Iola Daily Register And Evening News from Iola, Kansas on December 9, 1907 · Page 4
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Iola Daily Register And Evening News from Iola, Kansas · Page 4

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Iola, Kansas
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Monday, December 9, 1907
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Page 4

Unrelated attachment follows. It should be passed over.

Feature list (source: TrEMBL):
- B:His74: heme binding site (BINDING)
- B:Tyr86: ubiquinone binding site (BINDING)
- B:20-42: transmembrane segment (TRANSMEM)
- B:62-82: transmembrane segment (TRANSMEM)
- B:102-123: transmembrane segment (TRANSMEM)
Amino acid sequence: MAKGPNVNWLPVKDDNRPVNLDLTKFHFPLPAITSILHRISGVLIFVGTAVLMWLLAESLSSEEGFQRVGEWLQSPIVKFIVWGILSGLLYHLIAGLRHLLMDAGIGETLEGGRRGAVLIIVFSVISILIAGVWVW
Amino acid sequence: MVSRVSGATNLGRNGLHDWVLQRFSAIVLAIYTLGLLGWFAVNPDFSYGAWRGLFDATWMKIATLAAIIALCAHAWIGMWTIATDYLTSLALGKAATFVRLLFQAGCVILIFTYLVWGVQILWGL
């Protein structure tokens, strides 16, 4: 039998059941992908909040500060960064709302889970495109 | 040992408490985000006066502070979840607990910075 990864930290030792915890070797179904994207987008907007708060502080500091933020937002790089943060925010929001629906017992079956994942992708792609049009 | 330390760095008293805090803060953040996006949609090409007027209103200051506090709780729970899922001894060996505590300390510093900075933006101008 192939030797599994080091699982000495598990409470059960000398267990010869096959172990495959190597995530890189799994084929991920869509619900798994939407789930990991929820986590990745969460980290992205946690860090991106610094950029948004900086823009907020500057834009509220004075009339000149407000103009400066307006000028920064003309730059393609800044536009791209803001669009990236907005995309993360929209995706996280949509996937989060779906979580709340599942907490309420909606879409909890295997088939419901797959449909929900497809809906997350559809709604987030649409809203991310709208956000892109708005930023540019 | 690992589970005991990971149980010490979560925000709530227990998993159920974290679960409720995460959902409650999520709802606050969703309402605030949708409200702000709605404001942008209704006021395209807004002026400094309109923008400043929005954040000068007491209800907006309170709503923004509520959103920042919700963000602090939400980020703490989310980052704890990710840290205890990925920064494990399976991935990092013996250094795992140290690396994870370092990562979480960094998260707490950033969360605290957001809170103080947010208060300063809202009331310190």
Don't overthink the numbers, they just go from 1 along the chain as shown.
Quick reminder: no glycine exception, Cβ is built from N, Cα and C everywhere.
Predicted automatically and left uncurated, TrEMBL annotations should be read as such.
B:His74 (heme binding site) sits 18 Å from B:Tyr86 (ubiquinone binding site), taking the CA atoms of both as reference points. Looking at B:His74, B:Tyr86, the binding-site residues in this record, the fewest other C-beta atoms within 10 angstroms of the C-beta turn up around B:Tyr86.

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jiDH|AB |ag F. 8C0P CmCtTLATION 4.000. 1^ .; T «icpk«Ml. BBporten' Room 222 BariniMM Office ...18 Bntend kt lola, KansM, Postoffic*, w Second-elass Hatter. MiSmrOMiaM Rates Made Known on • i ' Application. SUBSCBIPnOH BITES. Bj CnttK tm tola, dai C»f, Lajn: TlUe w Xa Harp«i tee WeA 10 eenta One Month ....44 cents One Tear $5.00 : By Man. Oae Tear, tn adranee 94-00 11u «e Months, lui adnmce 91.00 OM Month, In advance .44 OinciAL FIPEB, GITT OF BAS< SET. aKHBEB OF ASSOCIATED PRESS. fk« lela Dally Bcfitter is a Meaber « tke AtMCintel Frets and Beeelrea the ter repert IMhat peat news er. •uAHeh^fer ExelislTe Aftenoon KUicatten la lola. MR ^i STEWART HELD mFE OF XCRDERED XAK TO BE INYESTIGATED. LIVED TOGETHER UNLAWFULLY CreTbton Came With Stewarts to Iota g la a CoTcred Wagon From ,1 " Western Kansas. ^ Last night about twelve o'clock the officers took Mrs. Stewart Into custody, pending an investigation. They be will be arraigned, imtlrely clear of any connection with the crlm.« Some of her statements, . so the officers say, have been slightly contradictory. , Creviston's statement that.be was imadly in love with Mrs. Stewart rals- ;fd the question as to whether or not ^e womtin knew of bis> intention to nittrder her husband and assisted him K to plan it. ll ^'One thtos that has caused the of- l ^-'Hcers to suspect Mrs. Stewart is that ^:^[ -«he Is an unwilling witness. She eeens to be very reluctant to talk on fsi ceruin points in tlie story. From C ttldnlght jintll two o'clock this! morn- iac Deputy County; Attorney Ander- :pott and. County Altorijey Peterson ...sweated the woman at the Jail. : Mr, Anderson said oyer the phone .at two o'clock that he had learned i.fromsMrs: Stewart that'she had lived -With Stefltart five.or six years before tbey were' married^ She said that she ; Was married to Stewart on Septem: : »er 17th. last, but tlia,t s^ie bad lived • Vlth, Stewart a numbier of years as ,, his wife. • It seems, according to her :i story, that Creriston bas been living ; -;Wlth them since last PelJruary, dur- 'flas which time he hfs been more or :f ^leka latiniate with her. She said that jthree eame here In a covered was- bri ^panbam TlTesteni Kansas last summer. l^.:lfraL Stewart denied being in any way ,T;^teiiaected with the crime. She said I i^'^Ae had not helped to plan it and was JvHOt aware that' Crevlston had the ^r ^eed In mind. She*^ insisted that if jphe loved either of the two men it pi'>as Stewart K'' An examination of Creviston's room last night showed that he had homed aipair of trousers in the stove as buttons were found in the grate. . The sarment had evidently been blood ^j. stained and he was trying to hide the 3 erldeBce tit his gallt Ariilgacd ia the Morning. '4.; Creriston will be arraigned in Justice court some time this morning. He pTj.-ia expected to plead guilty as be has already confessed to the crime. It has Ij;. IttB not been decided in which court ^-.'ch will be arrained. f/; It JlB likely that a large crowd will he ppeseat to see the man who con- feesed to.; the brutal murder. W. H. CRETISTOH BIUTALLTITOR. TAUT XUBDEEEO WM. STBW- ARD SUKDAY 1ORNIHCL ]' . DEED WAS DONE INEASTIOLA Slnag Shot and Knife Used—Bloody Knife W€»e Weepeas Thrown A««7 FoHd by Oiricers^l nrderer Was Tletlna Partner In Baslnes^ Committed Crime I or Lore of Mrs. Stewirt. (From Morning Extjf State of Kansas, A^Ien County, 88: W. H. Crevlston, ofl lawful age, * being first duly swprn according to law, deposes and says that he got acqualnjed with W. H. Stewart, deceased, in February, of 1907, and that for about three months last past this affil- ant and said W. H. Stewart were In partnership running a restaurant in East lola. Affi• ant further says thai on Sunday • morning, Decembei 8, 1907, about twenty mlau:es till one in the morning si id W. H. Stewart asked this a Slant to go with him and steal some chicljc- ens, and this affllani! then went with said W. H. Stejvart to Ira X^lblte's place and together took three chickens, an^ in going * back as said W. H. Stewart * went past a barn he slopped and killed the chidkens, aiid this affiant struck feald W. H. Stewart on the bejid several * times with a leathei slung shot • and said W. H. Steirart fell to * the ground, and then this affi- • ant cut him severa times on * the throat and boly. Affiapt • further says that hi had plan• ned to kill the said W. H. Stew* art for the month li st; past and * that he made the slung shot es- • pecially for that pt^rplose. * Signed, subscribed and sworn • to before me this 8tB day of Dje- • cember. 1907. j • W. n .ANpERSON. Notary Public. Commission expiresj November 14, 1900. I Is Comlfort AiBWkbl<«atdiM4ifcc • • • • * In the presence of ^everal officers in the office of Jailer Hoover Kerr at the county Jail. W. H. Creviston, with deliberate and > unhesitating speech, made the above confession last evening about nine o'clock. From the time that the body j of Wm. Stewart, with throat cut aiKl skull crushed, was found In a pool of blood near a bam at the corner op Vermont and Madison streets yesterday morning. Creviston was suspected of knoiwlng something about the death. He was the last man, so far as could be ascertained. In tbe company of Stewart HIti story was that shortly after midnigbt when Stewart came-hito the restaurant to talk overlsome business matters with him, somk one came to the back door of the restaurant and called Stewart out, siting that he wanted to see him. He said Stewart went out and that was ^he last he saw of him. :Wbea asked whether or not the voice which called Stejwart was that of a man or woman, he said he did not know, but thought it was that of a man. This story of the manner in which Stewart was ctlled from the restaurant was not ao^pted at: once b> the officers. Lost evening a little I>oy, a nephew of Policeman Roy Phillips, found a knife stained with blood, lying east of the Mssouri Pacific tracks a short distai ce from the scene of the murder. The knife was turned over to the offi ^rs who soon learned that It belonge I to Creviston. Curing the afternoon % hat, b^ong- ing to Creviston wai found la his room which bad , marks of blood on It WJth these two clu« s In their possession, the offcers felt reasonably confident that Creviston knew something of the murder ind that he should be held for i^ restlgation. Daring the day Crev ston manifested a desire to help in the searc^i for the murderer but did n >t remain near the scene of the crhiie very much. He was arrested near the corner of First and Msdlaon atri ets about; 6:30 and token to Jaii, whei e lie was; confronted with the evidet ce asalnst him and abcused of the ciime. "After a thorough sweating, a iwufession; was secured. For Lete el lYei ' The motive wjUeh irompted Crer­ iston to UU his partnnr, so heiaays. was for love of Mrs. I Itewart iCrer- iston said that he CeU deeply iai tore with Mrs. Stewart some time aso and fe^lb« that the only way he eoald satisfy his love was to murder'Stew­ art, be immediately began planning to :kin his partner. He conceived of th^ chicken stealing escapade as a good way to get Stewart in some unfrequented ptace where he could kill blih., Stewart assented to the scheme, little'thinking that bis partner had a terrible motive in suggesUng it After the chickens had been stolen, he Bud ;ested to Stewart that he kill them, thus giving the opportunity to tate bis partner off his guard. He first struck Stewart with the slung shot which be had secured for the especial purpose of murder. After he felled him with the slung shot he took his knife and slasbed his throat, although it is very likely that the blows on the head had done their work. Not satisfied that his victim would die, ho cut the arteries in the wriibt that the unfortunate man would bleed to death. Aher committing the brutal and cold-blooded crime, he went to bis room and retired, sleejilng until yesterday morning about five o'clock, when a noise made by some one In the bouse awakened him. "Wonld Bather Be Dead." After making his confession last night Creviston said that he knew that penitentiary for life" would be his sentence, but that he deserved It and would take his punishment The awfulness of his crime seemed to dawn upon him after he bad once told it in all of its harrowing details. In fact, he was bitter in his self condemnation, To one of the officers he said: •I would rather' be the dead man myself." This remark caused the officers to watch their prisoner more closely lest he do himself some harm. It is amasing that, after committing what in many respects is the most deliberate, cold-blooded crime that Is to stand as a reproach upon the community, Creviston was jible to go to bis room and sleep, with his hands stained with the blood of a man, whom he admits had never wronged hlfu. If it be true that he was prompted to commit the crime for love of Mrs. Stewart, his Infatuation must have been wild and uncontrollable. On last evening Creviston attempted to offer an excuse for his terrible crime by stating that the reason be killed Stewart was because the latter • had threatened to kill his wife. This i^ not taken seriously by the officers, although Mrs. Stewart has told of quarrels with her husband. Had Crevlston not taken advantage of Stewart, ho would not likel'y have carried out his purpose. Creviston is rather short, while Stewart was large and muscular. In many res- l)ects the latter was a i)€rfect specimen of physical manhood. It is said of him that be was an expert boxer and wrestler years ago. Stewart was 47 years of age. He leaves, beside bis wife, a daughter by a former wife. He was bom in lola, but spent the greater part of his life: In Woodson county. His father. Col. Alex. Stewart Is one of the best known men In Woodson county. Al Stewart of Yates Center, a brother, is also well known here. He came in last evening. Good Work of OlBcers. Great credit is due the officers for their bntiring efforts in solving what appeared at first to be a deep mystery. Sheriff Bollinger, Policeman J. J. Creed, Chief Gates and Roy Phillips together with County Attorney Peterson and Deputy County Attorney Anderson, spent a very busy day on the case. Mr. Bollinger is said to have secured the first admission from Creviston that be was connected with the crime. The officers took up every clue and worked them for all they were worth, finally getting^ on the right track., Boand Worn Oat. As soon as the officers were called to the scene of the crime they placed it under guard and sent for the blood hounds at Cbanute.- All day the place was kept under this patrol of the police as was also a trail of blood which the murderer left in making his escape. The hound was brought up from Chanute on the Oil Flyer, but was so worn out with a trip; In search of robbers night before last that It would not take np the Bc ^qt As Crevlston bad already confessed the hound was of no particular use at that -time. Bow Beiy Was Fonni. The body of Wm. Stewart was found lying immediately north of the barn, which Is located on the rear lota o( Frfnk Hufford's home on South In- dtana street by J. M. Jobnson, white enroute to bis work as teamster at the <PrIme Western smelter number tbriie, Sunday,morning at 6:45 o< clock.. As Mr. Johnson; was driving to the plant one of Uai hones shied at an object lying Just at the side of the i the road. Mr. Johnstm saw at once that the object was a man. At iirst sight he thought the fltan was Eat for contentment . Eat for good* nature. Both are the result of physical health. The most nutritious food made from flour is Uneeda Biscuit Every bite a mouthful of energy. gmjli In dust and moistiut proof paAazts. NATIONAL BISCUIT COMPANY gation discovered that the man was door. A voice from with out said: dead, lying in a pool of blood which came from an ugly gash in the throat Mr. Johnson did not stop but drove hastily to the smelter where he told of what he had seen. He returned, accompanied by Bert Brown. Frank and Lee Davis who gave the alarm. The body was soon recognized by people who gathered to be that of Willlam Stewart who conducted a restaurant at the corner of Madison and Kentucicy streets. Upon arriving at the scene of the tragedy. Coroner Reid ordered that the body be taken to Culbertson's morgue. There It was learned that the man's j throat had been cut He had been' had been thrown in Jail for drunken- "Slewart, I waut to speak with you.' Stewart turned to me, saying that be would be back in a short time, and went out. This is the last time I saw him." Mrs. Stewart in talking, says that she went to bed after her husband left her, and went to sleep, thinking that he would return all right. She was not awakened, so she says, until al>out 6 o'clock Sunday morning. Then Mr. Creviston came by and called her. Sbe says that she turned in bed with the idea of waking her husband as is her custom. Upon not findiag him. she went to sleep again, thinking that her husband had gone down town and struck in the bead with a slung shot which was found at his side when his body was discovered. There were three skull fractures. When found Stewart was lying on his back with bis hands thrown outward. In his right side pants pocket was found a 32 calibre revolver, pocket knife, and a pocket book containing some mgney. A silver watch was also found in his pocket That Stewart was killed after 3:30 o'clock Is evident from the fact that Mr. Johnson bad passed the scene of the tragedy at that hour in retuming from the morning north bound Santa Fo where he had been to see his wife off who left for a visit with friends in a neighboring town. Mr. Johnson says tliat he never noticed anything unusual on the scene of the crime at this time. Mrs. Stewart, wife of the dead man, stated yesterday afternoon toa Register reporter that her husband had l>een drinking heavily all day Saturday. She said that she first noticed this about 2:30 o'clock Saturday afternoon when she met him on the south side of the square in lola in company with Roy Flowers, a young man who lives in East lola, and an acquaintance of Stewart's. Mrs. Stewart in giving her story said: "I stopped my husband on the south side of the square and told him that I had left one of the boarders taking care of the restaurant and that he should hurry home. He told me that he would go home right away. I learned about 6 o'clock when I came home that he had only reached here a short time before I arrived. I then sent him to the butcher shop on an errand after which we ate supper. Ail of this time he was drinking at frequent Intervals. "in the evening we went to the show at the Grand theatre. He left bis seat several times during the performance and went out,-I suppose, to drink. "We arrived home at exactly 11:22 o'clock. We immediately prepared to retire. After Mr. Stewart removed his coat and vest, he seemingly in a rage Jumped up from the chair where he was preparing to remove bis shoes and said angrily: 'I am,going to finish my drunk.' I never saw him any more." W. H. Creviston said yesterday in giving his first.story that Stewart came directly down stairs while he was making preparations to close the business np for the- night "We sat down by the table which-Is in the kitchen and began talking ncss. Crevlston was suspected by the officers as being implicated in the murder from the first it was im|)ossiblc to get him in the morning. He had left the scene of the tragedy and had gone down town to do some telephoning for Mrs. Stewart. But when his whereabouts was learned he was questioned closely by the officers who had found a bloody hat in his room. The finding of the bloody hat together with the fact that he was the last person k^wn to be with Stewart, gave rise to the lielief that either Creviston committed the murder or had something to do with it. But is was not found until the knife which was found immediately north of the railroad track was identified as Creviston's that the officers felt that the evidence was sufficient to warrant an arrest The, knife which is an ordinary two blade, wooden handle pocket knife, more commonly known as a "jack knife," was found by Max Wright the little nephew of Policeman Roy Phillips. It was lying immediately north of the Missouri Pacific tracks and near a little ravine where bloody foot steps were found. Who Crevbton fa. W. H. Creviston, the self-confessed murderer, came here last .\pril from Western ICansas. He became acquainted first with Stewart in the Western part of the state. Creviston is about thirty-eight years old. and is a native of Pennsylvania. He is a short stoc3c fellow with moustache. His parents ore dead.; Last night, after be had confessed be said that he was glad that they were:dead, as their soq had Vrought disgrace upon the family name. Creviston secured a divorce from his wife some time ago. He:has a little son. who. It is said, will be taken in charge by the Orphans' home. . It seems marvelous that Stewart's body was riot found btfpre It was as peo]>!e who' live in the Immedtate neighborhood say that at least fifty men pass oh the street to their work of relieving; the night workmen at the Prime Western and United Zinc ft Chemical company smelters. There were many minors current yesterday ntwui • Up to the time Creviston was orrested it yas the opinion of JSome that Stewart's, death might bte the rosult of a woman scraiie. It was talked ivery freely that Stewart had' been Intimately associated with a married woman whose home is in the: southe4sterB part of the city. This, however, could not be verified. Stewart sjnd his wife cime here froni Yates Center last. August For. a time they: lived in the edge of the oily in a tent' At that time It is said lie snpported his family by peddling some merchandise about the city. In October ICth. he purchased the restaurant which he and his partner, W. II. Crevlston, had conducted since. Mrs. May Stewart stated yesterday afternoon that Mrs. Ella King, Stewart'^^ first wife, has been married three times'and that she is now liv-" ing in Ottawa, Kansas. . Stewart has one f daughter. Pearl, aged nineteen years, by his first wife. In speaking of her bosband and of his vocation Mrs. Stewart stated this morning that he was a printer by trade and followed it for a number of yfears. She said that he was following this; profession more or less when she married him., One ThoBMind on the Scene. Within an hour after the body of Ste»tart was found there were five hundred people on the ground. When the .crime became generally known, fuliy a thousand people went out to the scene of the tragedy and gazed at the pool of blood and the crimson trail;that led away from the the gruesome spot. ' Hundreds of people also visited the Culbertson morgue in the hope of viewing the body of the murdered man.' Will bo Ko loiiaeat. Coroner Reidl could, not be seen last evening, but it is not likely that there will be 4ny inquest as it is known how" Stewart came to his death. Coroneri Reid made arrangements yesterday for an Inquest today in case! thg cause of death was not teamed.: Register if ant Ads. Fay beeanse bi AHen Cennty nearly ereryhody reads the Register.- AUCTION SALE! Registered Aberdeen—Angus Cattle! 07 aboQt som^ new goods which arrlT- ed Saturday. It was while we were Intoxicated b«t npon a doser tarestt^Jtalhiag that some one came to the THURSDAY, Dec. 12, We will sell at Public Auction at ourlfana, 14 GOOD YOUNG BULLS AHO SPLEMDiD raUHG COWS, mjCALF These young cows are with two or three exceptions, of our own breeding; and tlie pet of imported Erica, Pride and Blackbird bulls of unexcelled breeding and quality, from the.'herds bf the late.Queen Victoria, Ballindalloch, Abcrloisr, etc, and are mostly all In calf to bulls of that chaf^cter. The cows are of the best families of the breed, Lady Ida, Coquettes, Queen Mothers. Westertovrti Rose. BlOomers. Bruceblll, Violets, etc., and are in good thrifty breeding condition. Don't miss this^opportunity to get bargains, caused by the herd outgrowing the accomodations of the farm. Sale at our Allendale. farm, five miles east, two north of lola. and three miles npirth, one west of La Harpe. In Allen County, Kansas, both points on the M. K. & T. K.v., and .MIssourE ^cific Ry.. and the former also oh the Southern Kansas Branch of the Santa Fe railway, and froiE ;both points the Electric railway runs quite close to the farm. Take Concreto car. SALE BEGINS AT i O'CLOCK, P. M. For Catalogues apply to Thomas J. Anderson, manager. Gas, Alien County, kjiisas. Anderson & PlndMy A> CoL Lafe Barger, Col J. B. Daenon, AUCTIOKEERS. //#«. : J. T. ^EDWAT, Clerk, ^ OfficeandStoii^Ware Boom at Iff WestStzeet Phone 339 Wnl Ail, U • WOTL Jtiiiioxr De]iax*triiei3^t (Store Bm I>4 i